A new scheme, the Commonwealth small states trade finance facility, will provide up to US$100mn of incremental trade finance over a three-year period to any of the 31 Commonwealth nations classified as small states.

The concept is based on a “highly innovative” use of blended finance that seeks to achieve maximum impact with minimal levels of official assistance, reads a release from the Commonwealth Secretariat.

The scheme includes an underlying risk participation agreement: the Commonwealth Secretariat will guarantee 10% on any loans secured under the facility. It is hoped that this risk cover will encourage international banks to offer higher trade finance lines to financial institutions in the small states by reducing their credit risk.

GTR understands that the US$100mn amount is based on estimations and projections over the three-year period.

Two banks – Standard Chartered and Bank of Baroda – will act as the facility managers and manage the underlying trade transactions on a portfolio basis. “We will support trade finance flows in these countries through the issuing banks in the region by providing letter of credit (LC) confirmations, LC financing and discounting,” a Standard Chartered spokesperson tells GTR.

India, Sri Lanka, Mauritius and Malta have provided US$5mn of capital to the scheme, which will be hosted and administered by Malta.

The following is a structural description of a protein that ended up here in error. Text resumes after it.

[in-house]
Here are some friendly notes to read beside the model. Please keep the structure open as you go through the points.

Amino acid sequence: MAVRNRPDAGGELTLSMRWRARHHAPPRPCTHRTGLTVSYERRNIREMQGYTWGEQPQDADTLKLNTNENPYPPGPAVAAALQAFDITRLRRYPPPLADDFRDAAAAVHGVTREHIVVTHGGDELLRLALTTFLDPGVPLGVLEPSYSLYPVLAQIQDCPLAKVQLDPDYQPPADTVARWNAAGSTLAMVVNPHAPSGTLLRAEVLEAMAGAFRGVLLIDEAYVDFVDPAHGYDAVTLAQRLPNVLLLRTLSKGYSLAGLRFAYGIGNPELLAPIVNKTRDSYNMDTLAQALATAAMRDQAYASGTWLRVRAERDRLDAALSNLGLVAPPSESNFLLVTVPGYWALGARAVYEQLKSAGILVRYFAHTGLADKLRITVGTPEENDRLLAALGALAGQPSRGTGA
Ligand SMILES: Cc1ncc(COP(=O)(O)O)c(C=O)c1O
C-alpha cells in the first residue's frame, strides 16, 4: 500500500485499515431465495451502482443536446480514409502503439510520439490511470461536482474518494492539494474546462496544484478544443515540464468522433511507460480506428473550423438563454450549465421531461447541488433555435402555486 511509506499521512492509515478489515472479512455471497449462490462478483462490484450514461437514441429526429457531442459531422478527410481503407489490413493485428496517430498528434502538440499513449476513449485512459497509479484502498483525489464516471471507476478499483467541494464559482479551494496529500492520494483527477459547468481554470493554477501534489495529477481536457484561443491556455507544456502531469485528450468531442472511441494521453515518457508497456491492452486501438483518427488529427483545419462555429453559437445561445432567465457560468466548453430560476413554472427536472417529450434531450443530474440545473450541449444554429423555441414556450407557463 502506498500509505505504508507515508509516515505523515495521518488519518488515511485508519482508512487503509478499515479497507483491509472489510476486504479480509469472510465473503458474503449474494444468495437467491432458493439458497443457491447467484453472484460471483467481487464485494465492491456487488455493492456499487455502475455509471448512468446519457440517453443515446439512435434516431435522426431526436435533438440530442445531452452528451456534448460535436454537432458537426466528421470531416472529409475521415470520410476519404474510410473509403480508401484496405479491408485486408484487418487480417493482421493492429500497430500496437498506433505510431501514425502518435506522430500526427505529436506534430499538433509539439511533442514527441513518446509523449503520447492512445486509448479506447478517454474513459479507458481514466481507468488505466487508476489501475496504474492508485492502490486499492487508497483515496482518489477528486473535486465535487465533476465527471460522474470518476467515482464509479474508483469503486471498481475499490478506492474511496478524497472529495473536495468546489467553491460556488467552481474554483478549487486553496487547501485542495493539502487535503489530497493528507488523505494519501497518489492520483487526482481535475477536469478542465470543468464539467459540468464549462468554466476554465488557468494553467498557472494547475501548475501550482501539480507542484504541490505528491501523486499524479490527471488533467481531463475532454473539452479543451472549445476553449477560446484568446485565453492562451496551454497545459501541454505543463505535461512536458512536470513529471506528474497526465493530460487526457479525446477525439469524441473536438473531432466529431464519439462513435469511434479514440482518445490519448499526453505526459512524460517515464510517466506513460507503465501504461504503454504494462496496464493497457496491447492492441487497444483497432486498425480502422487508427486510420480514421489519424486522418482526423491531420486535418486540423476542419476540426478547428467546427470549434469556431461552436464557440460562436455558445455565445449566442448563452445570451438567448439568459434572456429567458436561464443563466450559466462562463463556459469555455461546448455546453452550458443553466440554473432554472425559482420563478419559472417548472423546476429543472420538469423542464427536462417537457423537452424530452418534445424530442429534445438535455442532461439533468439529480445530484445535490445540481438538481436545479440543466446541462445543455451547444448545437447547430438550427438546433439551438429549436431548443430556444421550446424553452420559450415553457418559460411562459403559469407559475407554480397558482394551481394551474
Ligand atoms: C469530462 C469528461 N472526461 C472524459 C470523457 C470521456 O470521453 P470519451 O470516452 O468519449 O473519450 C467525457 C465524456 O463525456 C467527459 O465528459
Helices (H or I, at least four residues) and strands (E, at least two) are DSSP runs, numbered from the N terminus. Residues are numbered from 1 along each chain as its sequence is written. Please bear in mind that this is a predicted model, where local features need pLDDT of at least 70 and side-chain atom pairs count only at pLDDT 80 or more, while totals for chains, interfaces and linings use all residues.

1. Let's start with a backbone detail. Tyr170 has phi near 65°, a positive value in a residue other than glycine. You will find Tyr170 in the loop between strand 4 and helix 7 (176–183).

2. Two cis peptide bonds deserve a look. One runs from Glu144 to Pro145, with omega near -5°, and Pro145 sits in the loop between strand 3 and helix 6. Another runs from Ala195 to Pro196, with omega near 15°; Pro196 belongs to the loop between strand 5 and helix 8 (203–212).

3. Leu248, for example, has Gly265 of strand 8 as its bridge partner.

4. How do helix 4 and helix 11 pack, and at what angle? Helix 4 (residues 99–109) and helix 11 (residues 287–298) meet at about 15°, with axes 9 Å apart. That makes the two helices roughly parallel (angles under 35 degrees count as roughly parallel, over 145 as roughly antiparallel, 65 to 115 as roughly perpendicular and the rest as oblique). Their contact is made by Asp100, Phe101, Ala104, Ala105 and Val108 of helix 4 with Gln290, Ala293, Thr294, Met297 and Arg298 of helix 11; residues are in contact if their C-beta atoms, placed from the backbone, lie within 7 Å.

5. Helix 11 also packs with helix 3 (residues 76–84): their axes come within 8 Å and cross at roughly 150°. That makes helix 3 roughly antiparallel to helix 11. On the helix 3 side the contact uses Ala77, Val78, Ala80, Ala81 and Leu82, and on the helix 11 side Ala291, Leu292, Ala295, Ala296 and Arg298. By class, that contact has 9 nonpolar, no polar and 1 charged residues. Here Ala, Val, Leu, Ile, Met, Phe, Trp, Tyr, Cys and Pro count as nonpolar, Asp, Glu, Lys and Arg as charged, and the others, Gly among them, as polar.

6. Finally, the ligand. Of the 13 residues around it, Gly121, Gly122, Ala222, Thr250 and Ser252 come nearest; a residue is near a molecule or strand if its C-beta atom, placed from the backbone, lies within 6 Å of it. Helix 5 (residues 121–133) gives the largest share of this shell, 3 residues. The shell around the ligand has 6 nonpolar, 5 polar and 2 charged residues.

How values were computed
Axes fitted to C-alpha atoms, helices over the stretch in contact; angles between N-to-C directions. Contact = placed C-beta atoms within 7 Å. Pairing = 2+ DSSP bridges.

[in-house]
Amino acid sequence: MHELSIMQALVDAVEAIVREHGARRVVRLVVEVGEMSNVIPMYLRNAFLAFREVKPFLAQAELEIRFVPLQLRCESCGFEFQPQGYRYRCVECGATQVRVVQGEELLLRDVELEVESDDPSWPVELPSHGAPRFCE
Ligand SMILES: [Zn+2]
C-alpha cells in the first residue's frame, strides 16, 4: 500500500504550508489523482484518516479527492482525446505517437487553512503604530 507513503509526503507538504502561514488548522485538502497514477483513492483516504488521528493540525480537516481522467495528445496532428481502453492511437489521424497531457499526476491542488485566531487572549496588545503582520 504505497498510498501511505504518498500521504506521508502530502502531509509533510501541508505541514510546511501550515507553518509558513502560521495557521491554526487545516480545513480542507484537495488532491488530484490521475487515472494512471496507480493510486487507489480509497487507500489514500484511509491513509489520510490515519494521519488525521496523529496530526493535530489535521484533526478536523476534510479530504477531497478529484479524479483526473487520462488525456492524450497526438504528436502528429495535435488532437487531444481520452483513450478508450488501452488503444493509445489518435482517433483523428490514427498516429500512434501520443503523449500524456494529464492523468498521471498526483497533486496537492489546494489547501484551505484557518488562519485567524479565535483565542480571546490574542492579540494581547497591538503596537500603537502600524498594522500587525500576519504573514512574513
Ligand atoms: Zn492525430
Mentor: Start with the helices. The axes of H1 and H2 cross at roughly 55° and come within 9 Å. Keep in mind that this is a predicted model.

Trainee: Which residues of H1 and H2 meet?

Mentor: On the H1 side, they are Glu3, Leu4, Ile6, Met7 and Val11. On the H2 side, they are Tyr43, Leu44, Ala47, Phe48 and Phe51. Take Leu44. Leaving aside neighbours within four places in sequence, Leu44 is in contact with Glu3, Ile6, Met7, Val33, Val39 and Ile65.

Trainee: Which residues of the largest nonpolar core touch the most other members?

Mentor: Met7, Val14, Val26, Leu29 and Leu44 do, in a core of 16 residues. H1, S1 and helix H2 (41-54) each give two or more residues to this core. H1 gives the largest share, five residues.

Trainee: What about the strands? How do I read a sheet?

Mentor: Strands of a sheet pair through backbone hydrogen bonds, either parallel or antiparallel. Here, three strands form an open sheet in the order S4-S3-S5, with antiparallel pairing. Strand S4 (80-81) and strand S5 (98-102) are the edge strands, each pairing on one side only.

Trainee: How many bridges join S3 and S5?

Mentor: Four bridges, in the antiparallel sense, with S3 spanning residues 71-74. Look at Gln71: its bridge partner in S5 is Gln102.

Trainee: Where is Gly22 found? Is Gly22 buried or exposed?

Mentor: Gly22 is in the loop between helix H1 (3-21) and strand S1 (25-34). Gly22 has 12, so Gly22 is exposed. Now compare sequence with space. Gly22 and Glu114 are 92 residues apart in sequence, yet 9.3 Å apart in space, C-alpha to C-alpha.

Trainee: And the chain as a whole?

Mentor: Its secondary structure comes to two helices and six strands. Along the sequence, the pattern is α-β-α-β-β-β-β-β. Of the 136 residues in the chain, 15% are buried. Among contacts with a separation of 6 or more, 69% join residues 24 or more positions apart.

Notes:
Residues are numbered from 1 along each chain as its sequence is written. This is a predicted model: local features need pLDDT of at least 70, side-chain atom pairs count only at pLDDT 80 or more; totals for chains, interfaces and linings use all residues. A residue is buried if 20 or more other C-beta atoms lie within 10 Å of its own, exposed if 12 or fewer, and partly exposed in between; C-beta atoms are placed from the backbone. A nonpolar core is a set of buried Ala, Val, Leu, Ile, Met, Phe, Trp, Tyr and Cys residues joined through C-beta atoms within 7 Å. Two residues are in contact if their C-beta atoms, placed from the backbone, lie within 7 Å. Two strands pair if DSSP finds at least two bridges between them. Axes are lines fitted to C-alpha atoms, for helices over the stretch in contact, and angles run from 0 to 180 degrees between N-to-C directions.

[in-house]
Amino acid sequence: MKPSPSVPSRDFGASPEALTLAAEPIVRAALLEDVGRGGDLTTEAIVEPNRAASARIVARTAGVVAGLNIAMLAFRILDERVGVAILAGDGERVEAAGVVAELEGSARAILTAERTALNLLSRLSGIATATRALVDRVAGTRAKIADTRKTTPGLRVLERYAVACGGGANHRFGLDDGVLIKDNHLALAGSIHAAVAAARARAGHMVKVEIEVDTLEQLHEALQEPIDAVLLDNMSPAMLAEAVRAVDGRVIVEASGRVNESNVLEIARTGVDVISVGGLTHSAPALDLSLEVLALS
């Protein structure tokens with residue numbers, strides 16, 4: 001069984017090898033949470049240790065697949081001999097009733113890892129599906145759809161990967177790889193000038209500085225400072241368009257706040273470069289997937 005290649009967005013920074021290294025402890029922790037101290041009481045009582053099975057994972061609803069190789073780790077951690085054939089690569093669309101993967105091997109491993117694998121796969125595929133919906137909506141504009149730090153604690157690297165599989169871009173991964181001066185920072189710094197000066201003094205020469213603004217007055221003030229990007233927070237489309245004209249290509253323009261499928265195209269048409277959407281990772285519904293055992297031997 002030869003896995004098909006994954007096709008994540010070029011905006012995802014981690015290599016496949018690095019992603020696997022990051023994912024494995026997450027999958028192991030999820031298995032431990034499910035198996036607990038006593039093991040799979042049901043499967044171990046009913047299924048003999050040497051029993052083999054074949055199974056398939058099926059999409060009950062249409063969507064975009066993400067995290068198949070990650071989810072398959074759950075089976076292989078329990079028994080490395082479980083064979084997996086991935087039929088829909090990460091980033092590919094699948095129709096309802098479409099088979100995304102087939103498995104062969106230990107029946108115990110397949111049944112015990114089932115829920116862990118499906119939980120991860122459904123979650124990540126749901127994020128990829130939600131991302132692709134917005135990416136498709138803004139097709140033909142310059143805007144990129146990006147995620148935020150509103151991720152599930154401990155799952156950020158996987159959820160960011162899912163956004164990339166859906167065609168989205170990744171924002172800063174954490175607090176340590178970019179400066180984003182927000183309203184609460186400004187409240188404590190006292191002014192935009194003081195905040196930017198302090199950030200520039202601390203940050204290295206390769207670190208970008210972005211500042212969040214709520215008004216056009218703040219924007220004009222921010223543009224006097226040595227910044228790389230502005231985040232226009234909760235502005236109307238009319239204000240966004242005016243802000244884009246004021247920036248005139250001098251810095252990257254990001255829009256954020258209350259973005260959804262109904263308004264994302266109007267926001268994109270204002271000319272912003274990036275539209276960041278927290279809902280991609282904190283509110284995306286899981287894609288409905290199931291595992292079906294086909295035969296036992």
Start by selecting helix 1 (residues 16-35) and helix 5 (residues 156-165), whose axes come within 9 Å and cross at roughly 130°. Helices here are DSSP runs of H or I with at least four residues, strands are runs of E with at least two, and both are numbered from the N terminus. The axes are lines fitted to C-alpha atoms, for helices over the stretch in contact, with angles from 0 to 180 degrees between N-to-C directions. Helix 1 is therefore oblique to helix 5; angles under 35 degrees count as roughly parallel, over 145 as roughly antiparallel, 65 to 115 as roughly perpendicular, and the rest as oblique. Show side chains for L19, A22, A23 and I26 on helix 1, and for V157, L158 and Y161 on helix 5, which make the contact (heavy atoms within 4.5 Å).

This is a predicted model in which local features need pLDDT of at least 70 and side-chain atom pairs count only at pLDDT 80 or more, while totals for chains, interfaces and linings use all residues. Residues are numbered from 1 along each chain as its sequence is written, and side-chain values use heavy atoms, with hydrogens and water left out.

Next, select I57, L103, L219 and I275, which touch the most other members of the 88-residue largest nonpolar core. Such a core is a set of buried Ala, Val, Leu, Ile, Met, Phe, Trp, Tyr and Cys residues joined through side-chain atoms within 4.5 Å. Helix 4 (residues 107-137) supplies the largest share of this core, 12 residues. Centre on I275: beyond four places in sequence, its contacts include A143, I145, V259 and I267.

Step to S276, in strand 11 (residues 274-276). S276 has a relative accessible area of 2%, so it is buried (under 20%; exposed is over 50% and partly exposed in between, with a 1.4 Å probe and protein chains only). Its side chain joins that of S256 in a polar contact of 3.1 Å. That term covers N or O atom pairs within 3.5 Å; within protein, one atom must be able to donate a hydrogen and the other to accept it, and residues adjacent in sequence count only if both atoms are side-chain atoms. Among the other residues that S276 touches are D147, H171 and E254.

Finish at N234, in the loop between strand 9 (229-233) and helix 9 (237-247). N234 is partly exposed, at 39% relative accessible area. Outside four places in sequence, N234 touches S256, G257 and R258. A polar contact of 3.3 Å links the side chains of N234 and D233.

The scheme was launched at the Commonwealth heads of government meeting in London this week and pilot countries include the Bahamas, Botswana, Brunei, Dominican Republic, Fiji, Mauritius, Namibia and the Seychelles.

It is hoped that the initiative will facilitate increased flows of trade and investment to these Commonwealth countries, which, because of the absence of domestic export credit agencies, the reluctance of financial institutions to lend money and volatile global economic conditions, are often unable to access the funds that they need.

The scheme has been five years in the making and involves the International Finance Corporation, the Maltese government and central bank, the Export-Import Bank of India and the Commonwealth Secretariat.

“This new scheme shows how an innovative and collaborative approach between many Commonwealth members can tangibly impact the lives of people in our smaller, less well-off states, for the common good,” says Commonwealth secretary-general Patricia Scotland.